Founded in 2016, Homer is an online magazine discussing masculinities and challenging ideas of what it means to be a man.
At Homer, our explorations of masculinities aim to incorporate progressive discussions around broader socio-economic structures and inequalities, global political issues, robust communities, and ways of living and being that forge meaningful solidarities. We do this from the base understanding that time is not on our side and it is not enough explore gender, and especially masculinities, in an apolitical vacuum.
We believe it is primarily men’s responsibility to step up to have this conversation, but Homer also invites and encourages writing from women, queer writers and writers of all races, ethnicities and culturally and linguistically diverse backgrounds. Masculinity is fluid and contested; people who aren’t men have just as much say.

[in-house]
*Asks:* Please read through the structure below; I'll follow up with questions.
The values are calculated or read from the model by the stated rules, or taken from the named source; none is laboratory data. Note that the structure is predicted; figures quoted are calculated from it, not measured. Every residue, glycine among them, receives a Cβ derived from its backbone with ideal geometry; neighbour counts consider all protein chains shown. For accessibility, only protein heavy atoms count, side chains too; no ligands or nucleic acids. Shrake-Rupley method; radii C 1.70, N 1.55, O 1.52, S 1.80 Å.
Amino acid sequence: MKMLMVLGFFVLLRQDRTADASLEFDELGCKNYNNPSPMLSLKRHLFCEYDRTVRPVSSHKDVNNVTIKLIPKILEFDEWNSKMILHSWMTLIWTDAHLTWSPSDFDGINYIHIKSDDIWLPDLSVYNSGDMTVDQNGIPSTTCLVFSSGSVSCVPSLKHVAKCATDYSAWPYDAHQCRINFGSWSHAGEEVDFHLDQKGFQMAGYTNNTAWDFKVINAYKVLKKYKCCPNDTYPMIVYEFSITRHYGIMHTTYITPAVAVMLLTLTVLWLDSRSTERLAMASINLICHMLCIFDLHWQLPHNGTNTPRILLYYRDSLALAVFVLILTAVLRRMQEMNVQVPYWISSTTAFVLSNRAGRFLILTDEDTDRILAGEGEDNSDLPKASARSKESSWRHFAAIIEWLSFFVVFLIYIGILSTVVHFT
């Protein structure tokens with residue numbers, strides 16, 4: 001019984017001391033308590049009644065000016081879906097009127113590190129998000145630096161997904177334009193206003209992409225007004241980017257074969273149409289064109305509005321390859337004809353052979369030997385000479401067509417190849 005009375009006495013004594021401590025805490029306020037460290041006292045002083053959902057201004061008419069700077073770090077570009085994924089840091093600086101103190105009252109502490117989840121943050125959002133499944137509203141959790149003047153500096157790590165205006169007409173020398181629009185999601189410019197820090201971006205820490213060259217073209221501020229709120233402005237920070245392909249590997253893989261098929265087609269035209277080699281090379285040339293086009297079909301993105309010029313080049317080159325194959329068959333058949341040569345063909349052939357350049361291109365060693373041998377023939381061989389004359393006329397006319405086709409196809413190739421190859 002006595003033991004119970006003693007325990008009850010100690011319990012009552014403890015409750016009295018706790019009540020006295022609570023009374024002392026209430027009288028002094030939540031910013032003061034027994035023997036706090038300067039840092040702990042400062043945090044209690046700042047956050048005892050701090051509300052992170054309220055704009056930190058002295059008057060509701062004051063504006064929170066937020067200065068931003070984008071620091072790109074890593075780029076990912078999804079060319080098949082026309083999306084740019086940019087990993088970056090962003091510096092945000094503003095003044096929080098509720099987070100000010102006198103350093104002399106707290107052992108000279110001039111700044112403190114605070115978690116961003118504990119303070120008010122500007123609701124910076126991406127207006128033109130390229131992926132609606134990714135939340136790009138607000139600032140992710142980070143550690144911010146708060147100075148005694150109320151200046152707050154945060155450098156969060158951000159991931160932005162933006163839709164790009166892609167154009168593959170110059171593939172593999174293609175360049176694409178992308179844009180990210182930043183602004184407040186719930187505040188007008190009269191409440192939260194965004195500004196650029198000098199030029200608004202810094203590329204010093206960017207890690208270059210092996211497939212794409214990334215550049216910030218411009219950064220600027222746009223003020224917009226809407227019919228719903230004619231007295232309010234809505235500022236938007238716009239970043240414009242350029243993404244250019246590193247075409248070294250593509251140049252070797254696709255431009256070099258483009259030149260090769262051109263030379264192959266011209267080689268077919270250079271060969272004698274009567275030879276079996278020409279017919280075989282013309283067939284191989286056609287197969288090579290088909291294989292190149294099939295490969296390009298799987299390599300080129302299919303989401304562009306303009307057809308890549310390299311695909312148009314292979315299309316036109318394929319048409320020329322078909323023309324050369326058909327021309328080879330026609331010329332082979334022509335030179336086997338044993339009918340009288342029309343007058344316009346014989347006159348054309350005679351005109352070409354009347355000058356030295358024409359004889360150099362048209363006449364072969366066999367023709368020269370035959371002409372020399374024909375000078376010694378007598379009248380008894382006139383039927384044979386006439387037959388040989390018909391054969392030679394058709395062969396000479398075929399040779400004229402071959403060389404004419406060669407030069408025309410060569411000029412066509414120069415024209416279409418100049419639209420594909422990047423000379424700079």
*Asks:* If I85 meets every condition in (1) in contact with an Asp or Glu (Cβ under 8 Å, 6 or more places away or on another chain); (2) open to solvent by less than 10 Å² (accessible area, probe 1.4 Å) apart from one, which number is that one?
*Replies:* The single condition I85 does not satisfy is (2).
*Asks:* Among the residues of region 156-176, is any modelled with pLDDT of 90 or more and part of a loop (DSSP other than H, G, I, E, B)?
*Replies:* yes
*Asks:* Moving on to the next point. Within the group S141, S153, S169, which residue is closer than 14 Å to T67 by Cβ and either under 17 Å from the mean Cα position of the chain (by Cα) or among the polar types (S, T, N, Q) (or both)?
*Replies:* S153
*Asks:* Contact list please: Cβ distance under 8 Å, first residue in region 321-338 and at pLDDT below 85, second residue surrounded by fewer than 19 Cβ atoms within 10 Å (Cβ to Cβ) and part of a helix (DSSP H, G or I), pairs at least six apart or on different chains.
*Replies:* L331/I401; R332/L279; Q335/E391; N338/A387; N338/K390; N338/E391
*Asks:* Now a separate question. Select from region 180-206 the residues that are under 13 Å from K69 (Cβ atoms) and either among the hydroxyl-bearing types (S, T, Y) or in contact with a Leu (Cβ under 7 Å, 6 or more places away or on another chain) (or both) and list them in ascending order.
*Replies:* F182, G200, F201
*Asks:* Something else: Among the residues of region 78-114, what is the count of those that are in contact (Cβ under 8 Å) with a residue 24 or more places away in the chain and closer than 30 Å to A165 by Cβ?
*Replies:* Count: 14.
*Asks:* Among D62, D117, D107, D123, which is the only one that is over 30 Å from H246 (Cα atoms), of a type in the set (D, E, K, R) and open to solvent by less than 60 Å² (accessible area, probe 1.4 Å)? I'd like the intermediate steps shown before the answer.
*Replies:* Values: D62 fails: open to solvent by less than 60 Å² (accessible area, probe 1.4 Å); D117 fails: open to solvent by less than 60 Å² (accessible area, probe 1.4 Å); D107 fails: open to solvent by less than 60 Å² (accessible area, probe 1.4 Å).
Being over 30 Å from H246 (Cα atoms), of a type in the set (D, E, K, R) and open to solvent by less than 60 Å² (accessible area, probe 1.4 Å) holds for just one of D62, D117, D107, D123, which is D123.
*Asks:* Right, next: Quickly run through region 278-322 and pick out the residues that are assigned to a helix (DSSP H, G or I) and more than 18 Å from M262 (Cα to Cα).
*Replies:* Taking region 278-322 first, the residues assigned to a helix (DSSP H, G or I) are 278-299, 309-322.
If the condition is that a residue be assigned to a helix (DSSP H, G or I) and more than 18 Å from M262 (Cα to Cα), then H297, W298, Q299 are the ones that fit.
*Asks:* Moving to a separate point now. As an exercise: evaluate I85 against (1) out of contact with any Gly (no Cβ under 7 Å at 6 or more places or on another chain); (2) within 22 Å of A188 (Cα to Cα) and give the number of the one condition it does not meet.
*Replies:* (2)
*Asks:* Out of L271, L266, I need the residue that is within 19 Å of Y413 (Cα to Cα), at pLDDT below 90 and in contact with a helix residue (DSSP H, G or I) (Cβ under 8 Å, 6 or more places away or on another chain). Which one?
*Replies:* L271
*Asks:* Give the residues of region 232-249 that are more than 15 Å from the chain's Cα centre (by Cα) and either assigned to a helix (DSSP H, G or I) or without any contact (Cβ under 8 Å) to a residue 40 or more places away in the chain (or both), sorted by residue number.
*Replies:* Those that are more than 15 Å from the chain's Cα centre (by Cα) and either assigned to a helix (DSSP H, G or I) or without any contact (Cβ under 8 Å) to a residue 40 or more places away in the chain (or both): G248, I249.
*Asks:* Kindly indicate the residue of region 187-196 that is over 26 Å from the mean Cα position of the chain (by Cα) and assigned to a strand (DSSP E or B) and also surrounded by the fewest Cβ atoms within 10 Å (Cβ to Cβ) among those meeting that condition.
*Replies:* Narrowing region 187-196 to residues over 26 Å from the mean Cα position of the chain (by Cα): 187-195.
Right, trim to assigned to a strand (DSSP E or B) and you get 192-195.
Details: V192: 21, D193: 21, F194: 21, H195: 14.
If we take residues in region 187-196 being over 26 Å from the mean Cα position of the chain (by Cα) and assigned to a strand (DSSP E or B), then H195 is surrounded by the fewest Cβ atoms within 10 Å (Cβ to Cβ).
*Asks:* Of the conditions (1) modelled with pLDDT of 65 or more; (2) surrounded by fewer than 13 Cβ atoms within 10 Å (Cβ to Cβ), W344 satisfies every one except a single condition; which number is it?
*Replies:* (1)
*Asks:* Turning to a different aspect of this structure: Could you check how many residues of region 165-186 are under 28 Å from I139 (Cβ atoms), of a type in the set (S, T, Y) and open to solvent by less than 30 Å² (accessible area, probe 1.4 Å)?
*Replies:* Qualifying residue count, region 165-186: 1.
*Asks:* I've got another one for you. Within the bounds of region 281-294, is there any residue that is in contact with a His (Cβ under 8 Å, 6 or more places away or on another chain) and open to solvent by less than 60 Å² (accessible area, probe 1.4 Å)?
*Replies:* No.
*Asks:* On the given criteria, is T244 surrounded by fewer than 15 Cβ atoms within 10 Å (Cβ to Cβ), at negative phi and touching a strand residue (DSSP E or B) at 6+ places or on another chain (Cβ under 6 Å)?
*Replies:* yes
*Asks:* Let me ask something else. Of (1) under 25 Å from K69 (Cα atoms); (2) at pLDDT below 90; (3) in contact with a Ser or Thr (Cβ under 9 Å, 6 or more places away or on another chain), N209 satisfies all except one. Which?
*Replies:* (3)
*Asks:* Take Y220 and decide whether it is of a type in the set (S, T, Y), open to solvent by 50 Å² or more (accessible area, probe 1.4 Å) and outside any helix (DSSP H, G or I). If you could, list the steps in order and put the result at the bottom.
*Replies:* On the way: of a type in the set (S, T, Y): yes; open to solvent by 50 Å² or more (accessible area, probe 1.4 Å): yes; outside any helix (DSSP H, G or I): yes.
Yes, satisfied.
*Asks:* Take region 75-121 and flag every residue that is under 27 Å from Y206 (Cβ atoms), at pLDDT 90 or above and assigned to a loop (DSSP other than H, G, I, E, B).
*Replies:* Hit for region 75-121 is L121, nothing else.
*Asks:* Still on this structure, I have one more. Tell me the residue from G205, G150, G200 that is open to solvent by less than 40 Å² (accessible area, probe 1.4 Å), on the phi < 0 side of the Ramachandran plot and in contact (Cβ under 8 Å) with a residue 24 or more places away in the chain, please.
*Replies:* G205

We are living in dangerous times. Neoliberal capitalist economic structures alienate individuals from themselves and their communities. Wealth inequality continues to increase while wage growth stagnates. The world is being irreversibly harmed by global warming and a political class far too slow to act, while a resurgence of fascistic right-wing groups threaten the marginalised.
Through essays, op–eds, memoir, art, photography and more, Homer hopes to open these topics up and find the place of the masculine within them. Just because there is no ‘real man’ does not mean what is masculine cannot also be good.
Homer is produced in Canberra and Brisbane, Australia, and acknowledges the traditional custodians of the land, the Ngunnawal people and the Jagera and Turrbul people. We pay our respects to their elders, past and present. Always was, always will be, Aboriginal land.